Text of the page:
1, 2 – Choke, Prong, and Shock Collars can irreversibly damage your dog, by Dr. Peter Dobias, DVM
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The photo to the right is an example of a dominant dog collar that is not fit properly. It has too much slack and will not stay in the correct place on the dogs neck - which is right up under the jaw bone.

It is very important that trainers understand that the proper fit will not only insure better training it is also a safety issue with the dog. The less movement in the handlers arm the faster the trainer is going to be able to take the slack out of the collar.

I am not a fan of choke collars as training collars. There are only a few legitimate training collars: a flat collar (leather or nylon), a prong collar, an remote collar (electric collar), and (with aggressive dogs) these dominant dog collars.
I use a prong collar on practically every dog that comes to Nitro K-9. Let me tell you why.
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The prong collar; how do you know when its too tight? I took a link out tonight because Bruno is so furry right now and it seemed to keep falling too low on the neck. Also, I'm going to order a dominant dog collar to use with the prong collar; does it have to be used with the lead through both places on the prong and also on the dominant dog collar? Thanks for your time. See the sizing chart on  to determine the correct prong collar size for your dog.
Photo provided by FlickrQuestion: On which dogs in particular should a prong collar never be used? What about puppies?
Photo provided by Flickr3) training your dog in a positive fashion and using a prong collar are hardly mutually exclusive.
Photo provided by Flickr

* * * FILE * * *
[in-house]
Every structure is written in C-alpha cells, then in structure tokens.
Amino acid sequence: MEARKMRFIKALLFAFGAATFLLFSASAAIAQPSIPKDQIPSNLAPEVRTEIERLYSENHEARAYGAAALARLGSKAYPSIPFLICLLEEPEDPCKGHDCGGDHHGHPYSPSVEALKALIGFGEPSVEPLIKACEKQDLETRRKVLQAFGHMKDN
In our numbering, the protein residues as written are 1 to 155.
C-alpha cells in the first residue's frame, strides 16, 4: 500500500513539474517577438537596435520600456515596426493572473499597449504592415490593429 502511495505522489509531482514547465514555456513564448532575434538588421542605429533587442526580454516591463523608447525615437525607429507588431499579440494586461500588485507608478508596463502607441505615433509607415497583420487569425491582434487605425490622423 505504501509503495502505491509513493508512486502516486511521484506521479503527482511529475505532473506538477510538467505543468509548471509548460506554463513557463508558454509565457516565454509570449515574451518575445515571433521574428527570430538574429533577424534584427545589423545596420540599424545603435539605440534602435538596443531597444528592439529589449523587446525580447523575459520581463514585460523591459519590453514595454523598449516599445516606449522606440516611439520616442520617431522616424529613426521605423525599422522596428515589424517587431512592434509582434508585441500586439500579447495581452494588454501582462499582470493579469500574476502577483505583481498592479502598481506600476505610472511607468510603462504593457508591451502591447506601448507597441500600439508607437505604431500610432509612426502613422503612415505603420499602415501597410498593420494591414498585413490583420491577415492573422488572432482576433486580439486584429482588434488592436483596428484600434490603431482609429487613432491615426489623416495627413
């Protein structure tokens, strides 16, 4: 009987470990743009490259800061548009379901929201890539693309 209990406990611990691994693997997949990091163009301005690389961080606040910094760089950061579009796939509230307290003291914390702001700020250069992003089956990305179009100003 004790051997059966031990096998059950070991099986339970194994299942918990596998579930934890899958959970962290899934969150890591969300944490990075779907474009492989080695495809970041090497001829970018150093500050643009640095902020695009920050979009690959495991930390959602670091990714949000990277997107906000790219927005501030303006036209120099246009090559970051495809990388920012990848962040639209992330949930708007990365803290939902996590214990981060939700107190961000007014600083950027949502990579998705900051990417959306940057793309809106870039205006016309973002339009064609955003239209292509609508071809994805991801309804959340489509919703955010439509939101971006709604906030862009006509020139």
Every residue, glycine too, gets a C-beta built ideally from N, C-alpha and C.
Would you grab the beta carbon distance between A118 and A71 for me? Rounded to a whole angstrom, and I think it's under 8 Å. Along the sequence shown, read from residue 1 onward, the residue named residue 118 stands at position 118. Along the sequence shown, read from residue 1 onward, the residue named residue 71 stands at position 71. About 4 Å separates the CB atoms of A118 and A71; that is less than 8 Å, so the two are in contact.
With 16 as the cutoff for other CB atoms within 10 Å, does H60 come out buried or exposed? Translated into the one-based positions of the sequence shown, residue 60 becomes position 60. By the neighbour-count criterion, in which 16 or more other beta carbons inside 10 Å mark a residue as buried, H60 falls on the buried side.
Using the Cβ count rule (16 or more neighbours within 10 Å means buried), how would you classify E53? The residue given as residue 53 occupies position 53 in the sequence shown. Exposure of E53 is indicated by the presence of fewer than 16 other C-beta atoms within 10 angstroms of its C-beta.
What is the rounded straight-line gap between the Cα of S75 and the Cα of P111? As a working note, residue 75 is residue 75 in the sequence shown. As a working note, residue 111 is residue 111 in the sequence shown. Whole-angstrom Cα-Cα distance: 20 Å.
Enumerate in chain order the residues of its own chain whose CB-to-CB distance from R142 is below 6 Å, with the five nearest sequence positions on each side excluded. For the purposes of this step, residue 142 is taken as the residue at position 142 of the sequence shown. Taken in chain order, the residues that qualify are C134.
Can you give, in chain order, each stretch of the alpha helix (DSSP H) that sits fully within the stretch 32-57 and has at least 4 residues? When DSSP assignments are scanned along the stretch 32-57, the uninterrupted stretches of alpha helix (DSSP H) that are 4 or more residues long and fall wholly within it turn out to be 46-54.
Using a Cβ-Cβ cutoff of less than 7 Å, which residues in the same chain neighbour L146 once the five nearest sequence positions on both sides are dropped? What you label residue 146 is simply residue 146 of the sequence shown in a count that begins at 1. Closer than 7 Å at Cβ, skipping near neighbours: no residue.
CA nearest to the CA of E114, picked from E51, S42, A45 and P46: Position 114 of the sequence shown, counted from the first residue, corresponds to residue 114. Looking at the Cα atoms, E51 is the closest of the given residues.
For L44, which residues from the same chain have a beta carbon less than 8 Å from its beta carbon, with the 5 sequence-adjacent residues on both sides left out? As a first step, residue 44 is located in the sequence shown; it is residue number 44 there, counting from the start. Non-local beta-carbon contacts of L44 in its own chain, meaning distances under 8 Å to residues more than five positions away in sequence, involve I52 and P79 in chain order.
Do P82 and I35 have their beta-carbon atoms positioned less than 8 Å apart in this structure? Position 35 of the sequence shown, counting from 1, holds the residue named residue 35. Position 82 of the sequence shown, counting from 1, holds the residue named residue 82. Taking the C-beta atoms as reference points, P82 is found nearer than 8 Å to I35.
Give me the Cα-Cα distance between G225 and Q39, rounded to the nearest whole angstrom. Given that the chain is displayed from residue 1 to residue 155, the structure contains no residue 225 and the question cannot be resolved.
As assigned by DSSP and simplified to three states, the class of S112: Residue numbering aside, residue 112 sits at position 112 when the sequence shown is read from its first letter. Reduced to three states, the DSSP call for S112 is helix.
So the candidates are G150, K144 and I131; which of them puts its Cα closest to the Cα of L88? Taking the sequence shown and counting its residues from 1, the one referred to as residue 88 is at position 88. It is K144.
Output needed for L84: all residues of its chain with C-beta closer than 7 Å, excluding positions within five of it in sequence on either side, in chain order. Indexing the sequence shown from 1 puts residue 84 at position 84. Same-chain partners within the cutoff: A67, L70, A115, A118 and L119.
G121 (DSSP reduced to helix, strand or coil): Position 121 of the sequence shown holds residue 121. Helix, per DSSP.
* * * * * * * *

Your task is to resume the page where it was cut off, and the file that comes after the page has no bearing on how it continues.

Of all the tools used in dog training, perhaps none is more widely misunderstood and maligned than the prong collar (also known as the pinch collar). Many well-meaning but misinformed people assume that judging by its looks, the prong collar is a barbaric device intended to "stab" a dog's neck in order to correct misbehavior. While walking my own dogs on this type of collar I have encountered complete strangers who think nothing of telling me how cruel I am to use such a harsh device. While I am indifferent to this type of comment, I worry that similar incidents will drive responsible dog owners away from using this excellent, effective and kind (yes, kind) training tool on dogs that benefit from it the most. This article is meant to reassure those who are already using the collar or are considering it and more importantly, to educate those who think it is "cruel" or unfair to the dog. The prong collar works on the concept that evenly applied pressure is gentler and more effective on a dog's neck than the quick jerk and impact of a choke chain or the steady, relentless pressure of a flat collar. While a professional trainer can make a choke chain correction look fast and flawless, it is very difficult for most pet dog owners to master the timing and the release of the correction. Also, even a perfectly executed choke chain correction is a repeated impact on a single spot on a dog's neck. The current trend of the "head halter" system is equally flawed. In an earlier edition of this article, I referred to it as a good choice for dogs with structural problems. In the past few years I have spoken with veterinarians, trainers and owners who took issue with that recommendation based on the potential insult to the soft tissue of the dog's upper neck and the often careless way in which the headcollar is used by people who are assured that it is "humane" and cannot harm their dog. Like every other training tool, it also has its place. However, for a breed already beset with potential spinal and structural problems such as the Doberman, I find myself recommending it less and less. The self-limiting tightening action of the prong collar also makes it a safer bet for strong-pulling dogs. A prong collar can only be pulled so tight, unlike the choke or slip collar, which has unlimited closing capacity and in careless or abusive hands, can cut a dog's air entirely. While many people think that the prong collar is a trendy new gadget for the modern dog owner, the fact is that it predates the much more commonly used choke chain. Prong type collars appear in photographs and sketches in European training literature from the turn of the century. Presumably invented by people who relied on their dogs' obedience, responsiveness and good attitude in a time when most dogs had actual "jobs", the prong collar still has a prominent place in the "toolbox" of the modern, balanced dog trainer. The prong collar is often referred to as the "hearing aid" collar: a dog properly introduced to it in the hands of a person likewise prepared suddenly understands the expectations upon him. Rather than the nagging of a choke or slip collar or the constant muzzle and poll pressure of a head halter, the dog feels no pressure at all except at a precise instant when he makes an incorrect decision. Because of its ease of use and the usually rapid positive change in the dog's attitude and behavior, the prong is an excellent choice for elderly or physically compromised people with strong dogs, small people with large dogs, and even the tiniest of the toy breeds which risk permanent damage from regular collars. Even dogs with certain structural problems can be worked successfully on a prong collar rather than allowed to drag their owners around on a harness!